Sheriff candidates differ in leadership styles

July 24, 2012

Kim Cole and Jeff Fiers talk about the sheriff's race

Story and Photos by Rob Alway, Editor

SCOTTVILLE – About 150 people attended Monday’s Candidates’ Forum at the Scottville Clown Band Shell. The event was sponsored by and WMOM FM 102.7. Participants included several of the county commissioner district races, county treasurer, county surveyor, clerk, prosecutor, register of deeds, probate judge and sheriff.

During the event, audience members were able to submit written questions to a panel consisting of filmmaker/journalist Lisa Enos and economist Jamie Healy. Enos and Healy checked over the questions to determine they weren’t redundant and that they were legible and fair. Moderator Mike Tanis, WMOM news director, then asked the questions based on the amount of time allotted per race, 10 minutes for all races except sheriff, 20 minutes. Erin Outlcalt served as timer. 

We will recap several of the races in separate posts. Here is a recap of the sheriff race:

Sheriff. Jeff Fiers and Kim Cole

Sheriff Jeff Fiers speaks

Jeff Fiers has been sheriff since 2009. In 2008 he ran as a Democrat, defeating his Republican opponent Sheriff Laude Hartrum. Earlier this spring Fiers switched parties and is now running as a Republican. He faces Cole in the August 7 primary.

Both Fiers and Cole are lifelong residents of Mason County. Fiers graduated from Mason County Eastern High School and Cole graduated from Ludington High School. Both are also graduates of West Shore Community College’s law enforcement academy.

Fiers began his law enforcement career as a volunteer on the sheriff’s reserve in 1988 and became a deputy in 1995. Cole has worked at the sheriff’s office for 27 years, 17 as a sergeant.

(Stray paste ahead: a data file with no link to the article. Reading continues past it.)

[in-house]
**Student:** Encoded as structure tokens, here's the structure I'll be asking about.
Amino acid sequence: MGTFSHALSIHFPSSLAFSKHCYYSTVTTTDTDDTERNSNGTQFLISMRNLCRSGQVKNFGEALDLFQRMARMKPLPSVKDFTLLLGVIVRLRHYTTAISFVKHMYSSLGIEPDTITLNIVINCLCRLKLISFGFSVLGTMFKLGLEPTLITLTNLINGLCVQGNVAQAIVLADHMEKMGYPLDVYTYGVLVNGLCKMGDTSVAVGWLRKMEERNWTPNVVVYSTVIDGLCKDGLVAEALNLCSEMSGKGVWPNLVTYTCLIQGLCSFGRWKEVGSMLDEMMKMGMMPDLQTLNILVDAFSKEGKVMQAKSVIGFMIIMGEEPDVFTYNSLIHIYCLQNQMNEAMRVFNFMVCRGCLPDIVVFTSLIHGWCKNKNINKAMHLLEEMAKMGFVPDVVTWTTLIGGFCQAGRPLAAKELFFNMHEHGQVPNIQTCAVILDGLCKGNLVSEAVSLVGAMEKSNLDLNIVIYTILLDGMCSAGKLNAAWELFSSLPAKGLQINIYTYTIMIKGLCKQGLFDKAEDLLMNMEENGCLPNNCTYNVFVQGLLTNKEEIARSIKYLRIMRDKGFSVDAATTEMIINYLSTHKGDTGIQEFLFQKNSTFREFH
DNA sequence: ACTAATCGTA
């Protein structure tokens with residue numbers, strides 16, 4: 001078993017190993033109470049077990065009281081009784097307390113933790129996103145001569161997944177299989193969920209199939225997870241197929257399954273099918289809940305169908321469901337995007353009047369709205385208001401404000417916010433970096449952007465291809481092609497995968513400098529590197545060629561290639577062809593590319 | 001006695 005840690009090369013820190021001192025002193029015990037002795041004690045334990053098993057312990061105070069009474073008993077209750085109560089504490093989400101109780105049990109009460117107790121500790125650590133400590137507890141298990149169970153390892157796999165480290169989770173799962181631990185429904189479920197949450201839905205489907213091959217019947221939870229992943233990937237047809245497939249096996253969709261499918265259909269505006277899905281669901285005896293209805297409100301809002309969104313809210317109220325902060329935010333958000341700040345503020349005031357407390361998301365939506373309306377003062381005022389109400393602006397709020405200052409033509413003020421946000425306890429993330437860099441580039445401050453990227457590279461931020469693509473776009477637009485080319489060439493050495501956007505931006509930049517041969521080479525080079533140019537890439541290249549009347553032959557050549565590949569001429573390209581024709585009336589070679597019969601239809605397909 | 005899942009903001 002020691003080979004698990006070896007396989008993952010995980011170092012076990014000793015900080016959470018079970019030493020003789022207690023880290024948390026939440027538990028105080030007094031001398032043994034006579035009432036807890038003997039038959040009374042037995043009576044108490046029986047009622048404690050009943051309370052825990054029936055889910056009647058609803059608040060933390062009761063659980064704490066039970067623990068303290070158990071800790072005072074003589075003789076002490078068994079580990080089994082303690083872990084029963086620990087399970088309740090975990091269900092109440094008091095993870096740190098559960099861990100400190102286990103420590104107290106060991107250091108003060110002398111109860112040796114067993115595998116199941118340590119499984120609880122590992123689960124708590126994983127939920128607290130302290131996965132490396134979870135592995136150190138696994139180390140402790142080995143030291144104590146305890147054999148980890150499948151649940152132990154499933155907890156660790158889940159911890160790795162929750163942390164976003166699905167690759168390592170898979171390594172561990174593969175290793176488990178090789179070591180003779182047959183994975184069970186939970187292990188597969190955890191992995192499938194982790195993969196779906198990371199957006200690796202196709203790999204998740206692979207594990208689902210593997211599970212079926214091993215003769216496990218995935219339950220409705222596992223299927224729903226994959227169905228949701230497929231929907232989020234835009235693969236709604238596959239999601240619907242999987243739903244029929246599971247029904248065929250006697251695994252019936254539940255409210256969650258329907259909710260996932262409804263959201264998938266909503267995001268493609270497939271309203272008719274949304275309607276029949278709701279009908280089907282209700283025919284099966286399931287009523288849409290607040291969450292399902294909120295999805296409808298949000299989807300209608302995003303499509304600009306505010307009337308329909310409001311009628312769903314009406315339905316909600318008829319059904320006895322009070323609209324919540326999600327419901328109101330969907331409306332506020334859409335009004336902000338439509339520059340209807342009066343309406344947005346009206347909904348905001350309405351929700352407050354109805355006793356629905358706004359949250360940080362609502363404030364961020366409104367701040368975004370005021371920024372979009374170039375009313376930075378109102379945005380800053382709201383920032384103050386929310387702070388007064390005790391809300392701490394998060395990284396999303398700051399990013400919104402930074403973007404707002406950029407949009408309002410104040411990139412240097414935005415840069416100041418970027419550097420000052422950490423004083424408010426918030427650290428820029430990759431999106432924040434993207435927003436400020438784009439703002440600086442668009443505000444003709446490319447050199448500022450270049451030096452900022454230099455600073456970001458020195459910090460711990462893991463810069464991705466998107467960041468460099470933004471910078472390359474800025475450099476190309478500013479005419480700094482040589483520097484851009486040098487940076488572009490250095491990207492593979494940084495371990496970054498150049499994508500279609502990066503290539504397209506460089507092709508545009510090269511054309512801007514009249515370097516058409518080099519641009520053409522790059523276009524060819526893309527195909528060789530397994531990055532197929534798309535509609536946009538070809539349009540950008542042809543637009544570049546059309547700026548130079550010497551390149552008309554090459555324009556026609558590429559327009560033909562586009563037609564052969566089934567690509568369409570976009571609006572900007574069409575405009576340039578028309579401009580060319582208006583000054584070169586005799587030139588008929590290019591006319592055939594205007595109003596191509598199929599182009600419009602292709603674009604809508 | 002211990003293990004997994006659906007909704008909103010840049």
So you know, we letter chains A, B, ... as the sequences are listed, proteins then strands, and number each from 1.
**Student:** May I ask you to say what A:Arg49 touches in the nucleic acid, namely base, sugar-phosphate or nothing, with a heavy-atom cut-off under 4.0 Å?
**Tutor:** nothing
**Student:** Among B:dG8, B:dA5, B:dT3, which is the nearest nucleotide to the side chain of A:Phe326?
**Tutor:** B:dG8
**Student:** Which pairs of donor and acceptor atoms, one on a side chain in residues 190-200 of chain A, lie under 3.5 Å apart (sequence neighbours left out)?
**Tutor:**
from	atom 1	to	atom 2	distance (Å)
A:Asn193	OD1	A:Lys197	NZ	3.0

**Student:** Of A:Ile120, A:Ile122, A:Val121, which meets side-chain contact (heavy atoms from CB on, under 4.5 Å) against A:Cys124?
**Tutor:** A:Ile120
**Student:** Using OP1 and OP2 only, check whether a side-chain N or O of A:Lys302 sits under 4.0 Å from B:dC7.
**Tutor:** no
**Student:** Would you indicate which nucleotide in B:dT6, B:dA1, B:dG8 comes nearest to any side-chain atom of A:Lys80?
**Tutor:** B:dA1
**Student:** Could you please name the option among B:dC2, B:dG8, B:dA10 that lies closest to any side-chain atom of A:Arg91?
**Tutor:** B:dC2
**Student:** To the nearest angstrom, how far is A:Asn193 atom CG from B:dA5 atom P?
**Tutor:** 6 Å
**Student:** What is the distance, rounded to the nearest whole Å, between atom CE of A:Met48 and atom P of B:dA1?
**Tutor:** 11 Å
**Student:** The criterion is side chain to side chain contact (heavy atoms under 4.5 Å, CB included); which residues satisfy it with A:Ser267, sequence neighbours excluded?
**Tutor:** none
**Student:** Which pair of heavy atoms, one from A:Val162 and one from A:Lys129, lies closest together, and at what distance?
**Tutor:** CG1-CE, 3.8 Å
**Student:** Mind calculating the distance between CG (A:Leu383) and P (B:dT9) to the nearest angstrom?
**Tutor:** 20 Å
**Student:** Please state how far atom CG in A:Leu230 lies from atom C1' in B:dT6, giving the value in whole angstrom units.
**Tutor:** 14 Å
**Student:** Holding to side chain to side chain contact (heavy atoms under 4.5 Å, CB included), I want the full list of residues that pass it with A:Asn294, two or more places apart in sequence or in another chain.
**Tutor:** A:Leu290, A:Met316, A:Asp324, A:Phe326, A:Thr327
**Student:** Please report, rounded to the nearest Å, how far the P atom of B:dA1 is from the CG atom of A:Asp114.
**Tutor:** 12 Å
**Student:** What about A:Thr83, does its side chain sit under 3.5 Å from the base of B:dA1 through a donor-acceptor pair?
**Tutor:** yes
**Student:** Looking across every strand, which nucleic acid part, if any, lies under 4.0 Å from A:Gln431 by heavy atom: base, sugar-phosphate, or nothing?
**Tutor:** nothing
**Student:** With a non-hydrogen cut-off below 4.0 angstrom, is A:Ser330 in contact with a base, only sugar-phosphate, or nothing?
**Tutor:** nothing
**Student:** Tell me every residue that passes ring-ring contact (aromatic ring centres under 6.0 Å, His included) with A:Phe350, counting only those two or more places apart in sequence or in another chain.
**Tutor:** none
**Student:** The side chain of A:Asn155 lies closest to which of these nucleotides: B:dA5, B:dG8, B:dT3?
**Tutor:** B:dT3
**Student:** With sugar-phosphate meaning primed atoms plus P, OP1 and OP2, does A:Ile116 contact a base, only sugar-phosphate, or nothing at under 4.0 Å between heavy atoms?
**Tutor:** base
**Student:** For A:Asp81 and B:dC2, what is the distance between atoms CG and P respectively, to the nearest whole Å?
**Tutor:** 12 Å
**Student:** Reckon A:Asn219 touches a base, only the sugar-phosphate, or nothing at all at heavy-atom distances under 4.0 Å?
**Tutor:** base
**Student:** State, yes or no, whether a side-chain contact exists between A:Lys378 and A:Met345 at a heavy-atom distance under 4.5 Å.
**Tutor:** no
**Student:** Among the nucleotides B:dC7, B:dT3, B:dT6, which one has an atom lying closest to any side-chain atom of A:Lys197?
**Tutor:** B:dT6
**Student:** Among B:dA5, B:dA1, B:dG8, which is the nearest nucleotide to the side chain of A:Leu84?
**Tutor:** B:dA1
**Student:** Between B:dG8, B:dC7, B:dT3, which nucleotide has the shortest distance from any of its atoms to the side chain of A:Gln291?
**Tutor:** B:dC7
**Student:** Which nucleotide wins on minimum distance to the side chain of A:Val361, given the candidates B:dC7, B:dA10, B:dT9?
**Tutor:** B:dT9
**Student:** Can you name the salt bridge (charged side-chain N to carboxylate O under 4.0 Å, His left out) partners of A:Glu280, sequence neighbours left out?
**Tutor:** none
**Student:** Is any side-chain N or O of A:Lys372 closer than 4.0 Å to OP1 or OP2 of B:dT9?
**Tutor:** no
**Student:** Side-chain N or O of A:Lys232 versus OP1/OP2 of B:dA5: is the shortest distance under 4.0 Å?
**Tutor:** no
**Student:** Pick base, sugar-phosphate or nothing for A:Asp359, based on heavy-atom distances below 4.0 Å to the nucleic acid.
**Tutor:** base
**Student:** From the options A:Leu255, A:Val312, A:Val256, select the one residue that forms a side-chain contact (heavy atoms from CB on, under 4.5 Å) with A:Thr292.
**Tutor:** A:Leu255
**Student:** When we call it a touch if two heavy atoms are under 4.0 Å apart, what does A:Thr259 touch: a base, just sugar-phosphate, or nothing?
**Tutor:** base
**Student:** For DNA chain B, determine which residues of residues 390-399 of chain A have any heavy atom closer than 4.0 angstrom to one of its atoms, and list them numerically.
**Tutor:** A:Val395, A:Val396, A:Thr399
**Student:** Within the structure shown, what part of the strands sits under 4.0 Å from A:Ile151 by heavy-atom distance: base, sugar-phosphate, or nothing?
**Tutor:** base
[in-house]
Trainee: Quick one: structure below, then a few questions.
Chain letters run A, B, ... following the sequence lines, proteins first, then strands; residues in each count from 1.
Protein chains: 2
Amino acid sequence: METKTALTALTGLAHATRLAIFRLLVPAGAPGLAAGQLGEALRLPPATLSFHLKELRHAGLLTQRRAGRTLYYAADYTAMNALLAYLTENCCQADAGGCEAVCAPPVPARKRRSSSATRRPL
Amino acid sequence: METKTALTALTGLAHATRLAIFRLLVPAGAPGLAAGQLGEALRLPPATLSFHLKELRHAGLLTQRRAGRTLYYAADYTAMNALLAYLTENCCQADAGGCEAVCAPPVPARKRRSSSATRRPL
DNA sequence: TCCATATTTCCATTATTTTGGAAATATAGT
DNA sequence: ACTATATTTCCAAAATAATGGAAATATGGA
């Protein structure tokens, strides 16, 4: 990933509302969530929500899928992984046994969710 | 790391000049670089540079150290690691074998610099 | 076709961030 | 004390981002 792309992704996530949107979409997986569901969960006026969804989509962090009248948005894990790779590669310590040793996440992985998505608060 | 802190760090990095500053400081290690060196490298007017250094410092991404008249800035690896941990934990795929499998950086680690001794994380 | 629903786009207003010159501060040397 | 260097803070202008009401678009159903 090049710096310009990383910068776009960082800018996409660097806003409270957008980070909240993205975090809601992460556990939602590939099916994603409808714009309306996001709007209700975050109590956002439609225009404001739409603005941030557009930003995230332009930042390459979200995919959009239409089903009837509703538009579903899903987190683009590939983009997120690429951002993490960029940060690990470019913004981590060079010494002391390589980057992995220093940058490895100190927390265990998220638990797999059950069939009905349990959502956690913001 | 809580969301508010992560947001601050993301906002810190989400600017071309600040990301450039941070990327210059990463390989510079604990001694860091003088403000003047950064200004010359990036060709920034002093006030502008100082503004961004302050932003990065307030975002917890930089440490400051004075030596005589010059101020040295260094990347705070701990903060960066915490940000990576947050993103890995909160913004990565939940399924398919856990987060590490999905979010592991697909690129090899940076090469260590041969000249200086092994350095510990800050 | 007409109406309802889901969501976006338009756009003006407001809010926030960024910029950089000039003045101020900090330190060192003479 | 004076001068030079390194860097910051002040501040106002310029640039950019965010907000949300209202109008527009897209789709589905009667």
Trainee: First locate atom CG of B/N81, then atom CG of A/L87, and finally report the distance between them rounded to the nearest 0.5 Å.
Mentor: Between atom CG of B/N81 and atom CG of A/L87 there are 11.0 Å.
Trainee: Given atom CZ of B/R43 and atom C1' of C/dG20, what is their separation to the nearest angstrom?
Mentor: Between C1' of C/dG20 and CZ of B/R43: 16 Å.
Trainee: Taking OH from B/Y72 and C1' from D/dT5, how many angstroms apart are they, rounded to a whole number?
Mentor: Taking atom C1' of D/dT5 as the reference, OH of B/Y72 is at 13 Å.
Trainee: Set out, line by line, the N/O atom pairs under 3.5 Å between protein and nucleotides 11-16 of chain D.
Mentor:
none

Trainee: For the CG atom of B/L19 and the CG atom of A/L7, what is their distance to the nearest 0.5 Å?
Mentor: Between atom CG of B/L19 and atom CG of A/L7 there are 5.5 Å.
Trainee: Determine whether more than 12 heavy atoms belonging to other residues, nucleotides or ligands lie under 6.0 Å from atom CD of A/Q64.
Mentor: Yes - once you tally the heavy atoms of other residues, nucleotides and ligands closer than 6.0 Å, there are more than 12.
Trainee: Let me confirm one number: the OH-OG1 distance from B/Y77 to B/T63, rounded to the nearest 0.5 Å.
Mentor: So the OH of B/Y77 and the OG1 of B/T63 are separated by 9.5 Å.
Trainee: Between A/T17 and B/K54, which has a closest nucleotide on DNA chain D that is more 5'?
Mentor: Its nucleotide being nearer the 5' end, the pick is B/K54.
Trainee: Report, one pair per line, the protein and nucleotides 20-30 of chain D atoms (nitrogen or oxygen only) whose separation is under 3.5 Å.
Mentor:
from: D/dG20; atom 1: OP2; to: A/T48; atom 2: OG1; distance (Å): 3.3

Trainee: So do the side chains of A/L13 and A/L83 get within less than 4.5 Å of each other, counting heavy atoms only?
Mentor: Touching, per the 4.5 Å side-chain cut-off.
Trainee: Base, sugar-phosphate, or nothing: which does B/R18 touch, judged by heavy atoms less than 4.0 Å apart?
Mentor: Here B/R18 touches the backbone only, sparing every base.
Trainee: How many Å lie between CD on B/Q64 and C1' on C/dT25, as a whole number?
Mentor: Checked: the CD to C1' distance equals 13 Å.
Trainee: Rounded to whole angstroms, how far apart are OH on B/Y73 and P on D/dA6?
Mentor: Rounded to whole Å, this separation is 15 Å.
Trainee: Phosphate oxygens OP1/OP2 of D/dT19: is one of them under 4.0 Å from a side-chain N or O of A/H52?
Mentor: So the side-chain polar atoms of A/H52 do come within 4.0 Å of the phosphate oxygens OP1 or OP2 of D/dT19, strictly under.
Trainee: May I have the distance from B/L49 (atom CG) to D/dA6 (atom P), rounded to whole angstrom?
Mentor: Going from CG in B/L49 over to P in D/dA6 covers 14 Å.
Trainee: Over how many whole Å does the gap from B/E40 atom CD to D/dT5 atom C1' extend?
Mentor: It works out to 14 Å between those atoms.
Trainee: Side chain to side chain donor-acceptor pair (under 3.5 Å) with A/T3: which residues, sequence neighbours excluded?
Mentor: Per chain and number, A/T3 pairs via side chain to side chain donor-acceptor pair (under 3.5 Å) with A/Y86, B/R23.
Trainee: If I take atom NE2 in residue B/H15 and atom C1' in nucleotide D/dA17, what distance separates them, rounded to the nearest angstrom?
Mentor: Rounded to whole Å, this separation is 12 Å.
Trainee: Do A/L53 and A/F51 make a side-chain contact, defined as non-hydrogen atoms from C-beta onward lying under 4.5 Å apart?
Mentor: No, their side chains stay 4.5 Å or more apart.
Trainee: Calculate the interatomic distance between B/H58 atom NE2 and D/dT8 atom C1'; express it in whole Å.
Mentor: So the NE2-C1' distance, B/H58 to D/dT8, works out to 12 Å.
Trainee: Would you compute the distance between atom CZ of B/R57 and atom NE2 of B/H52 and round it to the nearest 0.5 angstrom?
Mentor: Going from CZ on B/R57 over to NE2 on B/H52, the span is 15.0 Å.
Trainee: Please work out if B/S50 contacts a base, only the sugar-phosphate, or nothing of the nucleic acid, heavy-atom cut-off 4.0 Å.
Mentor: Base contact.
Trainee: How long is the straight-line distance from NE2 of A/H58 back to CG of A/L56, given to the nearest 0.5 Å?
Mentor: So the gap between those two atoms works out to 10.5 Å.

Fiers and his wife have two children and Cole and his wife also have two children.

“I have mended a lot of bridges with the board of commissioners,” Fiers said. “We have accomplished a lot by working together… I live within the budget.”

“These officers come to work every day and each one that I work with would die for you,” Cole told the audience. “An effective sheriff works in conjunction with other agencies.”

Fiers and Cole both said it’s important to operate within the department’s budget. What seems to be different, though, is their leadership styles and philosophies.

Fiers said he would not change anything he has done since becoming sheriff but he did admit that morale is very low in the department.

“I could honestly say I wouldn’t change anything,” Fiers said.

“Wow. I’m speechless,” Cole responded. “Last week the entire department took a vote and it was unanimous that they would endorse me. Clearly if 100 percent of the deputies chose to support me there is something going on and you should be asking that.”

Sgt. Kim Cole listens to FIers introduce himself.

“My opponent has been a union rep. for several years,” Fiers said. “Promises have been made that he won’t fulfill. They all complain to themselves but they don’t go where they should. They need to speak to their sergeants and the sergeants need to speak to the command staff.

“I have been living within my budget,” Fiers said. “They don’t understand the dollars without understanding the line item budget. Basically their rumors are blown out of proportion.”

“Most everybody was on board when the sheriff was elected,” Cole said. “We work, ladies and gentlemen, and our crews are solid. We are going to come and help you. Morale has to start at the top.”

Fiers and Cole differ in how department money should be used.

For example, the topic of protective vests for the corrections officers was brought up, as was the budget for the jail.

Fiers said he is in support of the corrections staff having protective vests but he believes it is up to that staff’s union to negotiate the purchase of the vests. Cole, on the other hand, believes the vests should be a uniform expense that is supplied as department policy.

Fiers stated the vests would cost the department about $22,000 every four years, because that is when they need to be replaced. Cole said the sheriff’s office has returned $400,000 into the county’s general fund since Fiers has been sheriff, of which, $22,000 could have been used for the corrections staff’s safety.

Fiers and Cole also differ in the role of the sheriff.

Fiers admitted he does not make himself easily accessible to the media except during high visibility cases. But, he said he attends many public meetings.

“I’m probably the most visible sheriff the public has seen in decades. I attend all 15 township board meetings and every community watch meeting. In regards to the media, I keep a buffer. The media sells controversy.”

“One of the reasons I am running,” Cole said, “is that the sheriff should be held accountable to the ultimate board of directors, the public. How do you keep civil order? Through media outlets. It’s ultimately up to the sheriff if he is going to be in the media or not.”





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